Wall Street Gives AMD A Boost As Shakeups Loom In The Chip Industry

AMD Dr Lisa Su
Back in early June, we reported that AMD CEO Dr. Lisa Su quickly shot up the ranks to become the highest paid CEO among the S&P 500. Su, who has helmed AMD since 2014, made a number of bold decisions that have allowed the company to claw away market share from longtime rival Intel, not only in the mainstream processor market but also in the highly lucrative enterprise sector.

AMD’s Rise Under The Leadership Of Dr. Lisa Su

AMD's (and Su's) laser-like focus has greatly improved the company’s fortunes. In early trading this morning, AMD shares shot up over 12 percent to around $67/share. While AMD stock has been on an upward trajectory all year long, this particular spike is poignant, as it comes just hours after Intel announced that it would be delaying its 7nm chip fab process as it deals with defects.

To put that performance in perspective, on July 24th 2019, AMD stock was sitting at $34.11/share. By the start of 2020, it was at $49/share, and today it has nearly doubled from the same period a year ago. By contrast, Intel today is nursing a 14 percent decline to roughly $52/share. For the first time in 15 years, AMD shares are trading well above Intel.

AMD stock 2

To be fair, Intel still has a far greater market cap at $219.82 billion, versus $78.36 billion for AMD. However, it's still an emotional victory for AMD to be sure.

While Intel attempts to work out its 7nm issues, AMD has been shipping 7nm chips (fabricated by TSMC) since early 2019, starting with the Radeon VII GPU. Its first 7nm CPUs started shipping just over a year ago, and nearly its entire CPU lineup has transitioned over to 7nm nodes. The company's EPYC, Ryzen/Ryzen APUs, and Ryzen Threadripper processors are all currently produced on 7nm Zen 2 architecture, and AMD recently confirmed that its first 7nm+ Zen 3 Ryzen consumer processors will be shipping by year's end.

There's no doubt that Wall Street is confident with AMD's ability to execute, and the company's partnership with fab TSMC has turned out to be a winning combination as 7nm tech matures and it looks to 5nm and beyond.

NVIDIA Flexes Its Muscle As A Threat In The Chip Market

But this isn’t just a story about long-time rivals Intel and AMD; NVIDIA has climbed up in the chip ranks in recent years as it has greatly expanded from a company primarily focused on gaming GPUs to a company that finds its products employed in the high-end enterprise and scientific computing markets. NVIDIA has also branched out into the lucrative automotive sector with computing systems that power next-generation self-driving/autonomous vehicle platforms.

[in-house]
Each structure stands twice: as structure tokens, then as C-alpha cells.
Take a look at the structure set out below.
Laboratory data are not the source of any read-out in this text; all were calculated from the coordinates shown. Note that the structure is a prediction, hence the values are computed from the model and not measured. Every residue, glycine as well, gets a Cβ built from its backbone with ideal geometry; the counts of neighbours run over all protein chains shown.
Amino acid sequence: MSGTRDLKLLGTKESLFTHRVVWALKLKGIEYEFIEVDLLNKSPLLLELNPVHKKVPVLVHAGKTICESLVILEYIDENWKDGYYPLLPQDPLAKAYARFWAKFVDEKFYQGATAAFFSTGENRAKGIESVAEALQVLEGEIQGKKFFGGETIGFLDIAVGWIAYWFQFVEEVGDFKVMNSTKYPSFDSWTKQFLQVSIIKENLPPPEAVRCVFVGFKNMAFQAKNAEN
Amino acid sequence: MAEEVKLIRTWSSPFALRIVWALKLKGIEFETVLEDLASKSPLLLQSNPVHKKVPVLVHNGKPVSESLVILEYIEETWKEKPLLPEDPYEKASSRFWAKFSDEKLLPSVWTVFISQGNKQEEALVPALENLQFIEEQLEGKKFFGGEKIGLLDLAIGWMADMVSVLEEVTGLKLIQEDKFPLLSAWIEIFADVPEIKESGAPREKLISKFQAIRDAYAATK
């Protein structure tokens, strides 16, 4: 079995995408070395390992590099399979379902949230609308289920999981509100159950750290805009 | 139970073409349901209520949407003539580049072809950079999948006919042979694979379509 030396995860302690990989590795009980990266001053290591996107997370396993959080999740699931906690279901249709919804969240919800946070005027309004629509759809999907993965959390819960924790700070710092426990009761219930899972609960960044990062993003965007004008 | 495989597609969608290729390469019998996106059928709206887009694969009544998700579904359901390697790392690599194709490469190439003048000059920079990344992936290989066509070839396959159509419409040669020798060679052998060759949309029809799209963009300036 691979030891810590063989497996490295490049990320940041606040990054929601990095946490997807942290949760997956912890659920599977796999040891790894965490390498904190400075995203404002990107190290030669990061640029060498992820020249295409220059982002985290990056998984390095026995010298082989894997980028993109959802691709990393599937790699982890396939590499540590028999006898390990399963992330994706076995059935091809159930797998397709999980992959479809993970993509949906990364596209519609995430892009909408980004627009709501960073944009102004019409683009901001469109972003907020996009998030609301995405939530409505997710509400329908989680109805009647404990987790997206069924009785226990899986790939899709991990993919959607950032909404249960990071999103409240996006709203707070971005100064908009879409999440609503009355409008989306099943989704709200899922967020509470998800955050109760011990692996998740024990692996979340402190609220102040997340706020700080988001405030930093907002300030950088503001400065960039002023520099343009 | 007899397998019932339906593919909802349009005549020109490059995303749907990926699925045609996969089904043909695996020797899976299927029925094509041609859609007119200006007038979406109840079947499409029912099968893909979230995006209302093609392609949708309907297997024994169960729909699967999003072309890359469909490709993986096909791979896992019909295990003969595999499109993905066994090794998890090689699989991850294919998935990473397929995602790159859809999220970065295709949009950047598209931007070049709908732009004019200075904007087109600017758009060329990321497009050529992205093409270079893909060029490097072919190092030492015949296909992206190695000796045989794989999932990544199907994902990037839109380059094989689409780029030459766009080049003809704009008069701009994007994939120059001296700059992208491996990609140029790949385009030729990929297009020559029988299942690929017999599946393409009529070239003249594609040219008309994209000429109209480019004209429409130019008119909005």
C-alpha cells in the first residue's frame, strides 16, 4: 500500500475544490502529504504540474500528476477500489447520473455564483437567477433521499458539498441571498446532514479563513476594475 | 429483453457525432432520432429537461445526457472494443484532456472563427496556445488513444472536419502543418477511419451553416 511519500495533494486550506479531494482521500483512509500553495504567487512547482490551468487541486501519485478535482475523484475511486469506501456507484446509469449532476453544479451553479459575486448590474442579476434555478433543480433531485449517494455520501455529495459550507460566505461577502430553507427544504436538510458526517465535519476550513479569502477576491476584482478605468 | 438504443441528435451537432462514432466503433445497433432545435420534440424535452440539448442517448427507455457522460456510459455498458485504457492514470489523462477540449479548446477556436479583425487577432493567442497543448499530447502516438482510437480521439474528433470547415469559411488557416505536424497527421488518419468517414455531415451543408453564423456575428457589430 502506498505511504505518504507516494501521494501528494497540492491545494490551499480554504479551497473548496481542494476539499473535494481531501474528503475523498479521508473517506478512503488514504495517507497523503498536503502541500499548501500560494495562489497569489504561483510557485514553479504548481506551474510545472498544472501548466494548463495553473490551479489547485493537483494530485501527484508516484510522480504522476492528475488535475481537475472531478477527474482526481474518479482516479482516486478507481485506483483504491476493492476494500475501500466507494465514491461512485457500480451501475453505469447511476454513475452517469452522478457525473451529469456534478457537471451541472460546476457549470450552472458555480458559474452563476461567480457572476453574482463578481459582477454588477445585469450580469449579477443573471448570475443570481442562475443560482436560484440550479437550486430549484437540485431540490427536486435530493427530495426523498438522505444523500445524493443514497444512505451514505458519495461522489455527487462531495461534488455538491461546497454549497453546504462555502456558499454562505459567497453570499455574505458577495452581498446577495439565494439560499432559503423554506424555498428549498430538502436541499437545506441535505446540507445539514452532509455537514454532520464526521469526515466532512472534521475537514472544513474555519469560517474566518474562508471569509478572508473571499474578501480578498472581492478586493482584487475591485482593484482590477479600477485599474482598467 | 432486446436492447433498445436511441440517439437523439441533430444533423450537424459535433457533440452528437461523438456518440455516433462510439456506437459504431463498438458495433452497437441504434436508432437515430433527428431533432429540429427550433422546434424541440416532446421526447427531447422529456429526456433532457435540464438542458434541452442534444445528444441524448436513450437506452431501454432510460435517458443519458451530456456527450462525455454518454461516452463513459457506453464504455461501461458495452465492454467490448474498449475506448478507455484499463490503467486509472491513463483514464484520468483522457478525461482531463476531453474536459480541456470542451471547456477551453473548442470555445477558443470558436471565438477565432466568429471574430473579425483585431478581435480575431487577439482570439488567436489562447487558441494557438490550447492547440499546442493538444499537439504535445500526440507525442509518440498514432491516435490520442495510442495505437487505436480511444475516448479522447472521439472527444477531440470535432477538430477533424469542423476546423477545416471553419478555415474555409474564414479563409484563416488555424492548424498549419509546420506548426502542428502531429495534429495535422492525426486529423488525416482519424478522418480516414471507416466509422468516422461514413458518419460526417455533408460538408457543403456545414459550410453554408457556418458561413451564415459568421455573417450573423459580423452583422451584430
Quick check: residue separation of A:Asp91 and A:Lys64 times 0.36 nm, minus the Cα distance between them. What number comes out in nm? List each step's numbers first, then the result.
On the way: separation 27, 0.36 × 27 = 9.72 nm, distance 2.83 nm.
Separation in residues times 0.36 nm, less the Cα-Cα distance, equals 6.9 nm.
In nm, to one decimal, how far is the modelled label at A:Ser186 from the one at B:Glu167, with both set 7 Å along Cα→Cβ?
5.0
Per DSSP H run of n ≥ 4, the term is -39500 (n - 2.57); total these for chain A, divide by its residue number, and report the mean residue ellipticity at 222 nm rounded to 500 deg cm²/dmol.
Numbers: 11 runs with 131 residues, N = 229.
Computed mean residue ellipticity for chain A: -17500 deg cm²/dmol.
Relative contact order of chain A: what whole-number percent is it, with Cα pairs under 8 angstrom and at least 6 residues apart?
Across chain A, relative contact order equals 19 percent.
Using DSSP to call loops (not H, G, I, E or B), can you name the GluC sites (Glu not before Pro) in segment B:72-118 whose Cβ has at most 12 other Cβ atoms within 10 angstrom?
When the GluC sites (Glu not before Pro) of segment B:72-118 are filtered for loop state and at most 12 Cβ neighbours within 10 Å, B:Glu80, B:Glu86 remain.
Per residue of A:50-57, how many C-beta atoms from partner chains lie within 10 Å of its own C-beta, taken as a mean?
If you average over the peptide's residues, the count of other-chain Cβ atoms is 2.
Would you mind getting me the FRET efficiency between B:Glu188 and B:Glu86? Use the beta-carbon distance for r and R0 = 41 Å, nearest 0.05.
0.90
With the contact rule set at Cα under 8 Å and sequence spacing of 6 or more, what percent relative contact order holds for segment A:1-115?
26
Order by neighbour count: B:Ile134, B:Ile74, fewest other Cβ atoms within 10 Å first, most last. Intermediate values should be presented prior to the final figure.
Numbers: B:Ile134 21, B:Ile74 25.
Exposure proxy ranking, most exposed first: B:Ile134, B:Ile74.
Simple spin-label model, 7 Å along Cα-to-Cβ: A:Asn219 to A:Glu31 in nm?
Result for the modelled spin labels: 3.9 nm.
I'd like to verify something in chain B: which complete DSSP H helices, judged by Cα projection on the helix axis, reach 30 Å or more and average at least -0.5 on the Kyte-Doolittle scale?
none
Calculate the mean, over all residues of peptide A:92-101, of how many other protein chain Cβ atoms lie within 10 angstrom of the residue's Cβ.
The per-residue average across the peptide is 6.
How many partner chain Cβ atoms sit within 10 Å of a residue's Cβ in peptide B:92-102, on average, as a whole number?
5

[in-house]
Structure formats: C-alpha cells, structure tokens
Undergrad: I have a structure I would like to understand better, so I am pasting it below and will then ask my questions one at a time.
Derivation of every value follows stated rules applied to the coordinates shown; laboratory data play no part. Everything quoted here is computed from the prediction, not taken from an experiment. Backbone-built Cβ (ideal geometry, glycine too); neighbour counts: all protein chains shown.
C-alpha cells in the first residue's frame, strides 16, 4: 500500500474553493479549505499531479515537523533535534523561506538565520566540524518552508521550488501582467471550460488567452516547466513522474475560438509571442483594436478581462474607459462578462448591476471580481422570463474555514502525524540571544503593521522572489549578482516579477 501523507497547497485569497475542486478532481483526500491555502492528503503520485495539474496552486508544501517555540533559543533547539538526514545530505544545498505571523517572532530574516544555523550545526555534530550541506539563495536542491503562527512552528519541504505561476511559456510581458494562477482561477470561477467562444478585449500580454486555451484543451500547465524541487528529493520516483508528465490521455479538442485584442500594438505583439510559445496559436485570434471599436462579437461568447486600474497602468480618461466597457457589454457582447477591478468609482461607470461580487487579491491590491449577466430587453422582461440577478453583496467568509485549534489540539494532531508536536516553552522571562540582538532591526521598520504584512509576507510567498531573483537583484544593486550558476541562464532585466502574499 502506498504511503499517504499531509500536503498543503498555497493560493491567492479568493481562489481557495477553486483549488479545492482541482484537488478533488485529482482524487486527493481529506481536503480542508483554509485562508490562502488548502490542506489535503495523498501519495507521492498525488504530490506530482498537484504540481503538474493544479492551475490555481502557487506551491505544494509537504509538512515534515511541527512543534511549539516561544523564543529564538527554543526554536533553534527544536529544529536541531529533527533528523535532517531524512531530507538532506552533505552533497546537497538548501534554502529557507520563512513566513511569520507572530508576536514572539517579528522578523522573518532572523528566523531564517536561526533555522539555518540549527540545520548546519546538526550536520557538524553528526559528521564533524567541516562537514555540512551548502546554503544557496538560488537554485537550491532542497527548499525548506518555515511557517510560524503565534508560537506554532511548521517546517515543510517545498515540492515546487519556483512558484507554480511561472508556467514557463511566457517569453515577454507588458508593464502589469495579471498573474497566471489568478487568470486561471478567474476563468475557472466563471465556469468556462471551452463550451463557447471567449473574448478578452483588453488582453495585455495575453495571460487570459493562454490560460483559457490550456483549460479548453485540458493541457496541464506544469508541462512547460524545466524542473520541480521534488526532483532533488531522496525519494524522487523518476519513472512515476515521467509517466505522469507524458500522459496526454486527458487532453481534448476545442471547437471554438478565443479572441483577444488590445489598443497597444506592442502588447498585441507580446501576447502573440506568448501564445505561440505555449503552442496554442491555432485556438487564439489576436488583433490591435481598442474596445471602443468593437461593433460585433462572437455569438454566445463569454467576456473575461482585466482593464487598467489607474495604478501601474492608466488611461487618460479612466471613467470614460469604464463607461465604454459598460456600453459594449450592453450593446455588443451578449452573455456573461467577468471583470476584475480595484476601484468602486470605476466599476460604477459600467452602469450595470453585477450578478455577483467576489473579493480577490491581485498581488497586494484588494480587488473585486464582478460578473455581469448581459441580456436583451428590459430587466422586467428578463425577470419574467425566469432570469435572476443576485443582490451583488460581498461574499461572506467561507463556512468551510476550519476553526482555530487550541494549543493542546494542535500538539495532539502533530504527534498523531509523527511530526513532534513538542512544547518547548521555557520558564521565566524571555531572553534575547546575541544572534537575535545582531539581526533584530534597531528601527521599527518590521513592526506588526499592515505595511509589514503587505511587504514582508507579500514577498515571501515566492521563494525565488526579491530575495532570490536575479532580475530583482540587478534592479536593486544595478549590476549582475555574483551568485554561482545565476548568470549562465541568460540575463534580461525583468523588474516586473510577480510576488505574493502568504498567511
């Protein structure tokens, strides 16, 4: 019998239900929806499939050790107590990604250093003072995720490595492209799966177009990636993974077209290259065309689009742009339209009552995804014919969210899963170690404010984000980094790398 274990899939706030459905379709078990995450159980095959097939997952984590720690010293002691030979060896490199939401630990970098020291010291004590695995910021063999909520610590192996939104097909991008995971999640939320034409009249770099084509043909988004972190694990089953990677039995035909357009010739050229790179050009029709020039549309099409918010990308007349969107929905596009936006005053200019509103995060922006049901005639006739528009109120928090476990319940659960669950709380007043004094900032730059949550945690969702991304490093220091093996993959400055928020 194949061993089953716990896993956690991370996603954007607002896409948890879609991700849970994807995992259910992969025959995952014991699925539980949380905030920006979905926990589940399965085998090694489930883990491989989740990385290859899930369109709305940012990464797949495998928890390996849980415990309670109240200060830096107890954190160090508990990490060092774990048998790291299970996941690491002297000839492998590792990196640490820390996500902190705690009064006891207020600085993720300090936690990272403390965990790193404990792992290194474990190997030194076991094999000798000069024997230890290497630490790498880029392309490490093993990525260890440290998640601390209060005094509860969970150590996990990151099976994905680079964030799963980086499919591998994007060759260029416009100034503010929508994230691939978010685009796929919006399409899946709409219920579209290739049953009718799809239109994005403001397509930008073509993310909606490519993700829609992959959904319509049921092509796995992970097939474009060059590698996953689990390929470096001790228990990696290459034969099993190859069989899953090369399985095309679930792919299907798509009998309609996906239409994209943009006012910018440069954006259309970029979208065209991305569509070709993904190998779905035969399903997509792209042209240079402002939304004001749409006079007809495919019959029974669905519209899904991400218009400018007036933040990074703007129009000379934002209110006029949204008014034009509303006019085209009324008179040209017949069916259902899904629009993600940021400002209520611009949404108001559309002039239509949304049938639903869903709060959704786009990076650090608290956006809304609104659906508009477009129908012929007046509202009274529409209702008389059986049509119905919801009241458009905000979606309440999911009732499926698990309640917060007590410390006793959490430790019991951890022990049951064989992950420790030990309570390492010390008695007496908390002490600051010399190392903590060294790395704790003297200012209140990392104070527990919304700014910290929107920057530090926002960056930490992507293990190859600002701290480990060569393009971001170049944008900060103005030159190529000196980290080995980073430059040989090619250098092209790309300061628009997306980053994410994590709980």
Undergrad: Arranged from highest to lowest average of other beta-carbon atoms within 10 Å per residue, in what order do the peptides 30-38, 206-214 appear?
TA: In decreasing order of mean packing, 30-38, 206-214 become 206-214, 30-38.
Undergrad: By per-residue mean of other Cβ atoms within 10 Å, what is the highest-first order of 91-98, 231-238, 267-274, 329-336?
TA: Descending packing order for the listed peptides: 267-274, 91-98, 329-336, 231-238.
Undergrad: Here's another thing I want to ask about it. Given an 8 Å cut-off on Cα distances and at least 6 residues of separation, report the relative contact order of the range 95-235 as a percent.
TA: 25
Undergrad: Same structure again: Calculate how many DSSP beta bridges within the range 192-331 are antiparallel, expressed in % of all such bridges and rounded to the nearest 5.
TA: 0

nvidia endeavor headquarters building

With a market cap of $248 billion (now surpassing Intel), NVIDIA is allegedly looking to throw its weight around with a possible purchase of Arm Holdings from SoftBank. SoftBank bought Arm for $32 billion back in 2016, and it could be valued at closer to $44 billion with a future IPO. Bloomberg reported earlier this week that NVIDIA has held early talks with SoftBank about a purchase, but nothing is confirmed at this point (both companies said that they don’t comment on rumors). Any deal, however, would be subject to regulatory scrutiny and current Arm licensees (like Apple, Qualcomm, Samsung, etc.) would likely be concerned about ownership moving from a “neutral” party like SoftBank to more of a competitor like NVIDIA.

Apple Charts Its Own Course In The Chip Game

And speaking of Apple, the company is making some big moves of its own. The company announced last month that it is abandoning Intel’s processors used in Macs for its own Arm-based “Apple Silicon”. Early benchmarks show that even an off-the-shelf A12Z Bionic SoC (which is merely a 2018-era A12X Bionic with an extra GPU core) is delivering performance that is comparable to a 4-core/8-thread Intel Core i5 (Ice Lake) processor. Apple’s true, production-worthy Arm processors for its Mac computers will no doubt offer performance that far surpasses what the Developer Transition Kits with the A12Z Bionic are capable of, and could give the company the upper hand with respect to performance-per-watt.

arm performance

All of these developments just prove that you cannot take anything for granted when it comes to today’s big tech companies and the semiconductor market in particular. Five years ago, who could have imagined that AMD would be courting enterprise customers with 64-core/128-thread EPYC processors, or that Apple would be using iPhone A-Series silicon as the basis for Mac processors, or that NVIDIA would be in a position to become the most valuable chip company in the United States? It’s an interesting time to be an observer of the tech industry, and it looks as though 2021 could shape up to be even more eventful.